Drug Drug Interactions acyclovir (Zovirax); acetaminophen (Tylenol); aminoglycoside antibiotics such as amikacin (Amikin), gentamicin (Garamycin), Kanamycin (Kantrex), Neomycin (Neo-Fradin, Neo-Rx), netilmicin (Netromycin), paromomycin (Humatin), streptomycin and tobramycin (Nebcin, Tobi); amphotericin B (Abelcet, Amphocin, others); angiotensin converting enzyme (ACE) inhibitors such as benazepril (Lotensin), captopril (Capoten), enalapril (Vasotec), fosinopril (Monopril), lisinopril (Prinvil, Zestril), moexipril (Univasc), perindopril (Aceon), quinapril (Accupril), ramipril (Altace), and trandolapril (Mavik); aspirin and other nonsteroidal anti-inflammatory drugs (NSAIDs) such as ibuprofen (Advil, Motrin) and naproxen (Aleve, Naprosyn); cancer chemotherapy medications; cyclosporine (Sandimmune, Neoral); dapsone (Avlosulfon); diuretics (water pills); foscarnet (Foscavir); gold compounds such as auranofin (Ridaura), aurothioglucose (Aurolate, Solganol), and gold sodium thiomalate (Myochrysine); hydralazine (Hydra-Zide); lithium (Eskalith, Lithobid); medications to treat human immunodeficiency virus (HIV) or acquired immunodeficiency syndrome (AIDS); methicillin (Staphcillin); nitrates; penicillin and sulfa antibiotics; penicillamine (Cuprimine, Depen); primaquine; propranolol (Inderal); rifampin (Rifadin, Rimactane); tacrolimus (Prograf); vancomycin (Vancocin); or if you have ever taken the Chinese weight-loss herb Aristolochia.
Drug Pregnancy Interaction no data available
Drug Breast feeding Interaction no data available
Drug Machinery Interaction no data available
Drug More Information In addition to describing the cardiovascular risks, the drug labels have been revised to state that rosiglitazone and rosiglitazone-containing medicines should only be used: In patients already being treated with these medicines In patients whose blood sugar cannot be controlled with other anti-diabetic medicines and who, after consulting with their healthcare professional, do not wish to use pioglitazone-containing medicines
How to take the Medicine
Consumption Info If you are having surgery, including dental surgery, any x-ray procedure in which dye is injected, or any major medical procedure, tell the doctor that you are taking metformin. You may need to stop taking metformin before the procedure and wait 48 hours to restart treatment. Your doctor will tell you exactly when you should stop taking metformin and when you should start taking it again.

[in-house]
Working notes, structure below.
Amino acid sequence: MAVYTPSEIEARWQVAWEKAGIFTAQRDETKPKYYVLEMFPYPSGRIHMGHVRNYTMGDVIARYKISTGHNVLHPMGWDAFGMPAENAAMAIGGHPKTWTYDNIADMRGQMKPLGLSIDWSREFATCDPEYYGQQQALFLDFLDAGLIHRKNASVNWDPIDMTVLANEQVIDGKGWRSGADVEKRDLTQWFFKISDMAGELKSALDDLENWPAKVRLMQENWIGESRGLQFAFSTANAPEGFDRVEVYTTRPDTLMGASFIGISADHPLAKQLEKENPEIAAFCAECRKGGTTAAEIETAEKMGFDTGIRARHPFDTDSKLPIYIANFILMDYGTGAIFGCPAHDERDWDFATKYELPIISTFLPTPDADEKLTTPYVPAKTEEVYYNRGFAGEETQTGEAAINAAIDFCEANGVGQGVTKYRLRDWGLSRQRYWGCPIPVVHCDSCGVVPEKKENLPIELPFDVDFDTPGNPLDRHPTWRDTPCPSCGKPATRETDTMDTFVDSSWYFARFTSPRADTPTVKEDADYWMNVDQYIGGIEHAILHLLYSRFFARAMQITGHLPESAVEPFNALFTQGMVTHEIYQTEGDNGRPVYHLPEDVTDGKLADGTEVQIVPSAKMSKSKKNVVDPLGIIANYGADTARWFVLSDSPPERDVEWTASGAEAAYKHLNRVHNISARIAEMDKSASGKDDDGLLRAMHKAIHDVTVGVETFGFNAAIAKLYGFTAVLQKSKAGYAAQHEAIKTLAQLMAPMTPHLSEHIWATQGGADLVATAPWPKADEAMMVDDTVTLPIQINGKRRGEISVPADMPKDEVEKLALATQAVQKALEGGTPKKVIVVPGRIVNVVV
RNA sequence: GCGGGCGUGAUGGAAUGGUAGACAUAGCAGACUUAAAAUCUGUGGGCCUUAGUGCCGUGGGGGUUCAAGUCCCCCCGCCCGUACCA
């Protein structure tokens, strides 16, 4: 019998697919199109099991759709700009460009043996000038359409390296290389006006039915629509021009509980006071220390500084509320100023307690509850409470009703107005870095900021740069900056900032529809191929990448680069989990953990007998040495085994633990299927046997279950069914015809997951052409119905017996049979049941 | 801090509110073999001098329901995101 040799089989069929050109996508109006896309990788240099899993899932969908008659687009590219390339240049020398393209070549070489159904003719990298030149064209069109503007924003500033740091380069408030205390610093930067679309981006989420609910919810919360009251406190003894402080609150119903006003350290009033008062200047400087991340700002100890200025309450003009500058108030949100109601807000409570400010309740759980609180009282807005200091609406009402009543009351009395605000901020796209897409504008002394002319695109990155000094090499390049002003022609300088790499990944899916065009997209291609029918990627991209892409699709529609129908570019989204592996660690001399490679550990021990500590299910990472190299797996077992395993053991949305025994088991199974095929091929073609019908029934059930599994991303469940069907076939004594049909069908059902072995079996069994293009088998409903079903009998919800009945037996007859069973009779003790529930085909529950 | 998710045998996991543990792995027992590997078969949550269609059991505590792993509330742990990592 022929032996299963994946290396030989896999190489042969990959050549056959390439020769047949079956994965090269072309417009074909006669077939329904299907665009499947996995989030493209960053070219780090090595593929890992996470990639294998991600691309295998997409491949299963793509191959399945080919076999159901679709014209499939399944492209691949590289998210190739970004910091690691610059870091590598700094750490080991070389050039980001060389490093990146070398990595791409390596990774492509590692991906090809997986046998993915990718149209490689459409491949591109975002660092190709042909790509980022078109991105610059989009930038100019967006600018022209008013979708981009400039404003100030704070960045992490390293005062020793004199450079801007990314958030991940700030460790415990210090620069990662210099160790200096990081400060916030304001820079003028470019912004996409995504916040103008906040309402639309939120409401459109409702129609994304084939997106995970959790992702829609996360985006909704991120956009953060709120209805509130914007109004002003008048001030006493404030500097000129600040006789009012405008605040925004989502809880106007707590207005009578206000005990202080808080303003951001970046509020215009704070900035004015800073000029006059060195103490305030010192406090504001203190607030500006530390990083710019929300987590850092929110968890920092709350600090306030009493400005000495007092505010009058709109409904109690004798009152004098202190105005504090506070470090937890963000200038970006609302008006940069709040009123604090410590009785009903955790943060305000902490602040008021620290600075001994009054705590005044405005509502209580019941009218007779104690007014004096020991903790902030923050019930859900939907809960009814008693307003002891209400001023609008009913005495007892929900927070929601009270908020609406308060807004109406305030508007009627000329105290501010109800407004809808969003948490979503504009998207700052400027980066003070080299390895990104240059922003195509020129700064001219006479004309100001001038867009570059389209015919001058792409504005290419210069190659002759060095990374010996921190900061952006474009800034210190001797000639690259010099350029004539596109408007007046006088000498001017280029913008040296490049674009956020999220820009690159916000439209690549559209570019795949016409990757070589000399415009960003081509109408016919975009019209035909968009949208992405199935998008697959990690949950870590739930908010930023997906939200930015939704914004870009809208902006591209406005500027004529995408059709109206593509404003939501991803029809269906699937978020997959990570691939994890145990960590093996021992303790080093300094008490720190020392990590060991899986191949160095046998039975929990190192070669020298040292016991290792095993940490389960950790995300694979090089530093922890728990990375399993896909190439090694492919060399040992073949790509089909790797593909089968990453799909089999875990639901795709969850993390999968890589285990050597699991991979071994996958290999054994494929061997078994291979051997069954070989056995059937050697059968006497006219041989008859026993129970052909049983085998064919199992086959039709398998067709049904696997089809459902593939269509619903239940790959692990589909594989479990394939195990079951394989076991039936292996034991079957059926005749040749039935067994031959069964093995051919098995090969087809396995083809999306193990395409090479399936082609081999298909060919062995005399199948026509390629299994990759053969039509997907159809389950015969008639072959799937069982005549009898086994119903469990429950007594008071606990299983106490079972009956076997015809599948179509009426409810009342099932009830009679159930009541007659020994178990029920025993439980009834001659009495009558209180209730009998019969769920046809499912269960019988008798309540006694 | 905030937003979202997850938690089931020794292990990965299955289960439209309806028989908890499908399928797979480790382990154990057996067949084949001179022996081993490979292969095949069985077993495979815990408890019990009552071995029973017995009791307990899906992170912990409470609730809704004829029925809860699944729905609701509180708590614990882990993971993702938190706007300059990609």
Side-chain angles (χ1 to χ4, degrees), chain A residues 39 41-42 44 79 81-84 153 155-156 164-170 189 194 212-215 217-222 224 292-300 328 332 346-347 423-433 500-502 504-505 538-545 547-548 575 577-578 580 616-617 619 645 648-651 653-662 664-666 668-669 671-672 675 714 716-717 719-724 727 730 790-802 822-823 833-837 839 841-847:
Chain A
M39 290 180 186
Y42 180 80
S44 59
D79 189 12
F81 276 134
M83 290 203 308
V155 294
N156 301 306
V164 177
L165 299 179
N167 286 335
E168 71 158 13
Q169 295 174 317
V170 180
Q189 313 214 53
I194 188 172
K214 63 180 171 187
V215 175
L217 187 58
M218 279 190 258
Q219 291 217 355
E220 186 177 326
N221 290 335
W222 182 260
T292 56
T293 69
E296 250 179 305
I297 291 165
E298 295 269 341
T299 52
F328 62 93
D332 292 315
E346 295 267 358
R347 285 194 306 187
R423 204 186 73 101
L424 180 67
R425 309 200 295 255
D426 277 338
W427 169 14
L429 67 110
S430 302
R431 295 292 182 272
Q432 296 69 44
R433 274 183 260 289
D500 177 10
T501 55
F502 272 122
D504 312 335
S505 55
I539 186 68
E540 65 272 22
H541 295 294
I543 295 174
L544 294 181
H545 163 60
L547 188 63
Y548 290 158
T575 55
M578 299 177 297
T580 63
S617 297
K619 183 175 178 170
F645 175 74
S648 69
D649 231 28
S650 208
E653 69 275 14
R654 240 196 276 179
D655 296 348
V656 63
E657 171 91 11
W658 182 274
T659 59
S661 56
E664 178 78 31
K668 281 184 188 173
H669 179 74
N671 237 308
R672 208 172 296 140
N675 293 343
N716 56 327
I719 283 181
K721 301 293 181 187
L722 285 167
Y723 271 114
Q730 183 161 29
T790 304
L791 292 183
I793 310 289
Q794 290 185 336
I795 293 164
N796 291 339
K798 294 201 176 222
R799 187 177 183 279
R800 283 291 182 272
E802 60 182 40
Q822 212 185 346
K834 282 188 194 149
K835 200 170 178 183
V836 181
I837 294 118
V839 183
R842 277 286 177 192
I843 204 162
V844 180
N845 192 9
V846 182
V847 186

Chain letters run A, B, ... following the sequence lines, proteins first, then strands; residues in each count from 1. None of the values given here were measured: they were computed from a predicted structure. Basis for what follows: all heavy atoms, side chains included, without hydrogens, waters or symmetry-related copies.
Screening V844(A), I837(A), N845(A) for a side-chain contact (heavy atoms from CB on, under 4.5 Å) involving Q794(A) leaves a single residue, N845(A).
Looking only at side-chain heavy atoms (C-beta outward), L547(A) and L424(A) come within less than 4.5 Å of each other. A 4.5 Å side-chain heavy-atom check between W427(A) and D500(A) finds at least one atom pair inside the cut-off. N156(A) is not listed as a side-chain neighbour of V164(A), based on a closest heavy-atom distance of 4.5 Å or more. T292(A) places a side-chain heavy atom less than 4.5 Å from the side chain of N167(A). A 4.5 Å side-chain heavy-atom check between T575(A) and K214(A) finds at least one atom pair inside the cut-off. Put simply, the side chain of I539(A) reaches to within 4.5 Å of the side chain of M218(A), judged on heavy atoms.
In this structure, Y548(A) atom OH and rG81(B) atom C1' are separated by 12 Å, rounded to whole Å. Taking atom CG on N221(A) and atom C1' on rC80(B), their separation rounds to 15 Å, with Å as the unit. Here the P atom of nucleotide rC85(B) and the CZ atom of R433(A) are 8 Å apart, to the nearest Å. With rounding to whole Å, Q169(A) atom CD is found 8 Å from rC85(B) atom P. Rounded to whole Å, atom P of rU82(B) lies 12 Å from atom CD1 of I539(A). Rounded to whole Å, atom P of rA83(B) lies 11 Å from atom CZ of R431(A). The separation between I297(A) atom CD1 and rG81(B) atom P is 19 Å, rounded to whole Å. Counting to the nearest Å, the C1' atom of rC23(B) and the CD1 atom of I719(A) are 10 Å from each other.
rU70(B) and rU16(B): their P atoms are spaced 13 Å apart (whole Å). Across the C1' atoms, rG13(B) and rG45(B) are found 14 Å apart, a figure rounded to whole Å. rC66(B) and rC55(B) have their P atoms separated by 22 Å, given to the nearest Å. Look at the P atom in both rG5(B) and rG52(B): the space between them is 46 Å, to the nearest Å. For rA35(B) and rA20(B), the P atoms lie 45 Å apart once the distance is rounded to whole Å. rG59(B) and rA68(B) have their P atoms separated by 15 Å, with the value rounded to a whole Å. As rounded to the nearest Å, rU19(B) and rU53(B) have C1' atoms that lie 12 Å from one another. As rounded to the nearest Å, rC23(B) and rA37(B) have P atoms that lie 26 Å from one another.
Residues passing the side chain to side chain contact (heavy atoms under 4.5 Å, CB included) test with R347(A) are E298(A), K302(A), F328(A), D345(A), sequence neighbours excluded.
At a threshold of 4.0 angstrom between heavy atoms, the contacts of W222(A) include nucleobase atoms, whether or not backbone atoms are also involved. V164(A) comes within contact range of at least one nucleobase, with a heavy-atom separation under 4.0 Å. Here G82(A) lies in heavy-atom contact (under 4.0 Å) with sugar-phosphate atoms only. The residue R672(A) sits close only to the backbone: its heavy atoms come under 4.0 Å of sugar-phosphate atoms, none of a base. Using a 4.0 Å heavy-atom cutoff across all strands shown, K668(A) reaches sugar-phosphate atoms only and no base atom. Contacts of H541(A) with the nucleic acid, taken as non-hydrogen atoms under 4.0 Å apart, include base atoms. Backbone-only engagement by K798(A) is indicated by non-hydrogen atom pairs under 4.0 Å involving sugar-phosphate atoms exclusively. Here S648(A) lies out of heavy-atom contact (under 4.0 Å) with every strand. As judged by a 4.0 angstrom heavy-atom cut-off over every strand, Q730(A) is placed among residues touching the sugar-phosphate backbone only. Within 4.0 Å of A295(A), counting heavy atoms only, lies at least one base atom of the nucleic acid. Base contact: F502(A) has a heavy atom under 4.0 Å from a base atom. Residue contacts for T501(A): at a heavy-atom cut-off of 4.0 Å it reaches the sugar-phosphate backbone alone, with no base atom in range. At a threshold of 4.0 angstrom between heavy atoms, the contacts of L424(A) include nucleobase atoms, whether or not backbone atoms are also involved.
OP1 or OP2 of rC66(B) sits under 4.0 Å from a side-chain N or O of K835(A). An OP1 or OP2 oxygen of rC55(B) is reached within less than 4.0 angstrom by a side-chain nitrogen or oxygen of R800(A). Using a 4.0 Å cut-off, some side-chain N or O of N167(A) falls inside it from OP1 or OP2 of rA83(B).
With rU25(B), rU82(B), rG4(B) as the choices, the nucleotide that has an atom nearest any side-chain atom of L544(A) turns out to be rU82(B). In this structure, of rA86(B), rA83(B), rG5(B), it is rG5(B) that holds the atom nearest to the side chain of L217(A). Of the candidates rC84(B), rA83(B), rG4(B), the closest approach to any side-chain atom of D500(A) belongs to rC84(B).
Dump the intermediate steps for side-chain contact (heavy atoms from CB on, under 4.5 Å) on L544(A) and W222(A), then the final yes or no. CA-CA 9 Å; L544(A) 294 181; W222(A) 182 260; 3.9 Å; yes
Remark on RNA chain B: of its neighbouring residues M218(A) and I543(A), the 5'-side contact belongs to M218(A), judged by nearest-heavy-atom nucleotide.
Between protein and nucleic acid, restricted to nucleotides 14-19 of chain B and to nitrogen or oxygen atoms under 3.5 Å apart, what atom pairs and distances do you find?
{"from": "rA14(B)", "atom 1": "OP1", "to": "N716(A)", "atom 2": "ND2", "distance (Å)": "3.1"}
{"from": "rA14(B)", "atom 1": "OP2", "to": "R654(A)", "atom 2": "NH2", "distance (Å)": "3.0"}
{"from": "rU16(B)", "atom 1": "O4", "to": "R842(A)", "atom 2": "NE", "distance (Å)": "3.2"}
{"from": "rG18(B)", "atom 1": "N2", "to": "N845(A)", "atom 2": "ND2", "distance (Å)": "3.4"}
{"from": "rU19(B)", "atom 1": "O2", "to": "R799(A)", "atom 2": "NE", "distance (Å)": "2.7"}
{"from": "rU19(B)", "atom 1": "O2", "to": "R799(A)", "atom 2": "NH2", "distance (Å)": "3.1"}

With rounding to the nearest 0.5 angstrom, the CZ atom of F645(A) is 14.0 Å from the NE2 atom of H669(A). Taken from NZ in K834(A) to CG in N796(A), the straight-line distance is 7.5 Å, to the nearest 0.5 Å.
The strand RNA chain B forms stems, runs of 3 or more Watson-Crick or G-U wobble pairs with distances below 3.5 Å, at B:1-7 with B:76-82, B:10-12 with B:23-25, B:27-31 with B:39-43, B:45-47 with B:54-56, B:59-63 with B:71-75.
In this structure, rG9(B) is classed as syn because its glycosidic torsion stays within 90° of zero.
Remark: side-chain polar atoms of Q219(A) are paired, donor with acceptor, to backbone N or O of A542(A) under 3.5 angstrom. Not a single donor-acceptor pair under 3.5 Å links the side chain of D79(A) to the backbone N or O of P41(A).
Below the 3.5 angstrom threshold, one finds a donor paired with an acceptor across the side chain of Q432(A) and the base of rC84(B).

Drug quanitty no data available
Drug Dose Metformin comes as a liquid, a tablet and an extended-release (long-acting) tablet to take by mouth. The liquid is usually taken with meals one or two times a day. The regular tablet is usually taken with meals two or three times a day. The extended-release tablet is usually taken once daily with the evening meal. To help you remember to take metformin, take it around the same time(s) every day. Follow the directions on your prescription label carefully, and ask your doctor or pharmacist to explain any part you do not understand. Take metformin exactly as directed. Do not take more or less of it or take it more often than prescribed by your doctor. Swallow metformin extended-release tablets whole; do not split, chew, or crush them. Your doctor may start you on a low dose of metformin and gradually increase your dose not more often than once every 1 to 2 weeks. You will need to monitor your blood sugar carefully so your doctor will be able to tell how well metformin is working. Metformin controls diabetes but does not cure it. Continue to take metformin even if you feel well. Do not stop taking metformin without talking to your doctor.
Excess Drug Consumption In case of overdose, call your local poison control center at 1-800-222-1222. If the victim has collapsed or is not breathing, call local emergency services at 911. Symptoms of overdose may include: extreme tiredness weakness discomfort vomiting nausea stomach pain decreased appetite deep, rapid breathing shortness of breath dizziness lightheadedness abnormally fast or slow heartbeat flushing of the skin muscle pain feeling cold
Forgot Drug Consumption Take the missed dose as soon as you remember it. However, if it is almost time for the next dose, skip the missed dose and continue your regular dosing schedule. Do not take a double dose to make up for a missed one.
Stop Drug Consumption Do not stop the drug untill your doctor says you to do so.
Possible Side Effects